Letters to the Editor, June 23-26, 2012 | ParkRecord.com

Letters to the Editor, June 23-26, 2012

Bringing people together in support of important causes

Editor:

Nancy Garrison would be an excellent addition to Park City’s school board. Her involvement with local nonprofits has been very successful because of Nancy’s ability to organize and work effectively bringing people together in support of important causes. Her dedication and focus in seeing a project through are valuable skills that would be a great benefit to the school board. Extensive experience volunteering in the community, as well as being involved in the school district as her children made their way through, ensures that Nancy will be a knowledgeable, hardworking representative in this important role.

What a great place we live in that there are so many people willing to throw their hats in the ring during this election season. I support Nancy Garrison for the Park City School Board in District #2.

Linda Karz

Park City

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Donna has the discipline to make the difficult decisions

Editor:

Now more that ever we need to elect a person with the training, courage and discipline to make the difficult decisions that face our country and communities. Donna McAleer has all these qualities, plus a willingness to work as hard as is required to protect the lifestyle and rights of all the residents of Utah.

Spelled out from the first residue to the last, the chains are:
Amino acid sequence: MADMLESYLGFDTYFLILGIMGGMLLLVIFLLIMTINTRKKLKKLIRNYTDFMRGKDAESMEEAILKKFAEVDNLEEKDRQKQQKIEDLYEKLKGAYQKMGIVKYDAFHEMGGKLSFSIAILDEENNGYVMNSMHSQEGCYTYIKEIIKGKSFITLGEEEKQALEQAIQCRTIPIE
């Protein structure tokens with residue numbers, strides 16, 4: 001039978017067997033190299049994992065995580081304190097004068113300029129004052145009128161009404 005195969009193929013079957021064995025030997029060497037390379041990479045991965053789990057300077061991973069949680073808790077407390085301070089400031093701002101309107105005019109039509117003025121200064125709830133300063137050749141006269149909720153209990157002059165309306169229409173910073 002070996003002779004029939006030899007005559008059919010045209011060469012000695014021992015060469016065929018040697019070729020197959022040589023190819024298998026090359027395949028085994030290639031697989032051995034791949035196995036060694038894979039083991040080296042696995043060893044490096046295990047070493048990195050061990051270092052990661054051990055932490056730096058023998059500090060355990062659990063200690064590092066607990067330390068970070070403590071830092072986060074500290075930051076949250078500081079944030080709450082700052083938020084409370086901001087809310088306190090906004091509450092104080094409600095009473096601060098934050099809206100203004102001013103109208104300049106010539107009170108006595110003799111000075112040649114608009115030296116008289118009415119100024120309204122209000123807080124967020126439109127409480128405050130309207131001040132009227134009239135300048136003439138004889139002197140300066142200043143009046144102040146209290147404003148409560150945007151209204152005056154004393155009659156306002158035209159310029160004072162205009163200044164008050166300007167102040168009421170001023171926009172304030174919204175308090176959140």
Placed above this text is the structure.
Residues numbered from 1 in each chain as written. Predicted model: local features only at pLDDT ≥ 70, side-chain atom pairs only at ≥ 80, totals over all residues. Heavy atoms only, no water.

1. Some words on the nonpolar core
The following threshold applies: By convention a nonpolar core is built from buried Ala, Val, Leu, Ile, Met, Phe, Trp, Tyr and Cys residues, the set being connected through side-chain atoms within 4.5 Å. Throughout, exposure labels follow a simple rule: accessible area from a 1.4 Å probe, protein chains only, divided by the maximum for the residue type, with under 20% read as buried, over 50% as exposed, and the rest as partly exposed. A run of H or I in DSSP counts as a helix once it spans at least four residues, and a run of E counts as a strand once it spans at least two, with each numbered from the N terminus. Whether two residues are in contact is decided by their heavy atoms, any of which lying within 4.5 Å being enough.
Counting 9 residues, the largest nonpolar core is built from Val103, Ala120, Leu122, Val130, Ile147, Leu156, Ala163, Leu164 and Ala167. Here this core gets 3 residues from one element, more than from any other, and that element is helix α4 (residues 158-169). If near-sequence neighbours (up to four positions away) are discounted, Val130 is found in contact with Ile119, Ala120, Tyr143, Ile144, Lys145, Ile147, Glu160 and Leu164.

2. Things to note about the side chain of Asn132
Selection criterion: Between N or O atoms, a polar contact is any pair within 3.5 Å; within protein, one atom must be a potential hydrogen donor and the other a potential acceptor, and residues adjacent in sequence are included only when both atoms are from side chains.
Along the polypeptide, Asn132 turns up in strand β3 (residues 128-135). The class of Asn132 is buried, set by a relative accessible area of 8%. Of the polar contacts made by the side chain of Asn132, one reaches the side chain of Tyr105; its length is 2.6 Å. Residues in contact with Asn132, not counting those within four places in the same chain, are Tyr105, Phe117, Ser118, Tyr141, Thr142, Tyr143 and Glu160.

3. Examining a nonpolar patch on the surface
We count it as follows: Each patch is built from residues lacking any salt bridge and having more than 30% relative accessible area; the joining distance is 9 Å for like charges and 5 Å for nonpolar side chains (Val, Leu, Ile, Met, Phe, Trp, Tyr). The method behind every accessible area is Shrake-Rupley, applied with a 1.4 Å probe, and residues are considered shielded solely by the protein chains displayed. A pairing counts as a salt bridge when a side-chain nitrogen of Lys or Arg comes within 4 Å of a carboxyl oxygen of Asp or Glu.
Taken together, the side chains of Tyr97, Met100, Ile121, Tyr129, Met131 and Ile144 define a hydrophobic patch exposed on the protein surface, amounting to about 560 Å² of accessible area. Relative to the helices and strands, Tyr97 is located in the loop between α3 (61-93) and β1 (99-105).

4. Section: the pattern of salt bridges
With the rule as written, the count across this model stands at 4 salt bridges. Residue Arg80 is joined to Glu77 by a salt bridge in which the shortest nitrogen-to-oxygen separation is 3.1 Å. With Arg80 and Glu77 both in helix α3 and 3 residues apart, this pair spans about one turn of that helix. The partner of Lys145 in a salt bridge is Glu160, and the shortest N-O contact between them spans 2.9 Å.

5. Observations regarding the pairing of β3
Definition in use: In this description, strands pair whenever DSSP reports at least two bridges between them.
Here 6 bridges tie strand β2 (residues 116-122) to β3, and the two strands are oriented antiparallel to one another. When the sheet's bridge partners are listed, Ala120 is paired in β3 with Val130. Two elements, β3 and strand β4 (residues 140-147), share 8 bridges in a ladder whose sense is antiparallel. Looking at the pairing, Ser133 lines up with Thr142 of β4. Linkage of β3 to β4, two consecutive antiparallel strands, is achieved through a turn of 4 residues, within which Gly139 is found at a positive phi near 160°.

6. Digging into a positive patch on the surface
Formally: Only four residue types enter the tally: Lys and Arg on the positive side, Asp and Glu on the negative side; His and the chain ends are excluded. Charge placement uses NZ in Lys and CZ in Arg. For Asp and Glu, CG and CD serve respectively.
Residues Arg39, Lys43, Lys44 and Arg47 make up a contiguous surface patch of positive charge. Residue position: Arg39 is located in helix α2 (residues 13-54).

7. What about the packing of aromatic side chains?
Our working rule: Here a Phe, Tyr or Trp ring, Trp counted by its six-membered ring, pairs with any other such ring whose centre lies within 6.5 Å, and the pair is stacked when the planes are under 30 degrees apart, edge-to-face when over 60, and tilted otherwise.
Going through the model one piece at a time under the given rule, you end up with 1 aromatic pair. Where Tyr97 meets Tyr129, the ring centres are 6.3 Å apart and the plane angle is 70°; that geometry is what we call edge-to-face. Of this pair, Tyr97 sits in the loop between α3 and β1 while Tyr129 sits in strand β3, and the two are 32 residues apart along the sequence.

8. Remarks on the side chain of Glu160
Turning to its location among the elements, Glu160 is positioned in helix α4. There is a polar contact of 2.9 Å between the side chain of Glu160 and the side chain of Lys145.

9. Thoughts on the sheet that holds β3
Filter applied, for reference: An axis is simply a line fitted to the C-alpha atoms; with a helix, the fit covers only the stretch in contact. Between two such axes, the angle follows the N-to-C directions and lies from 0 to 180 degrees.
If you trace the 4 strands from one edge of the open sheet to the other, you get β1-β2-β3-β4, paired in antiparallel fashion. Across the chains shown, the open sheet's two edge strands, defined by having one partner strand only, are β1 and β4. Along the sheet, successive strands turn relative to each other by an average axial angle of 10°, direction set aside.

A patriot among us, Donna is a graduate of West Point and served a tour of active duty. She earned an MBA from Darden Graduate School of Business Administration and came in just short of qualifying for the 2002 U.S. Olympics Bobsled Team. Donna authored an excellent book, "Porcelain On Steel," about women in the military. She has been the executive director of the People’s Health Clinic and coached the Park City High School girls’ volleyball team.

Donna has served the residents of Summit County with distinction and we are lucky to have a candidate of her caliber to support in the coming Democratic primary election. On June 26th, please take a few minutes to vote Donna McAleer for Congress.

Randy Spagnoletti

Park City

‘The most intelligent, insightful and dedicated person I know’

Editor: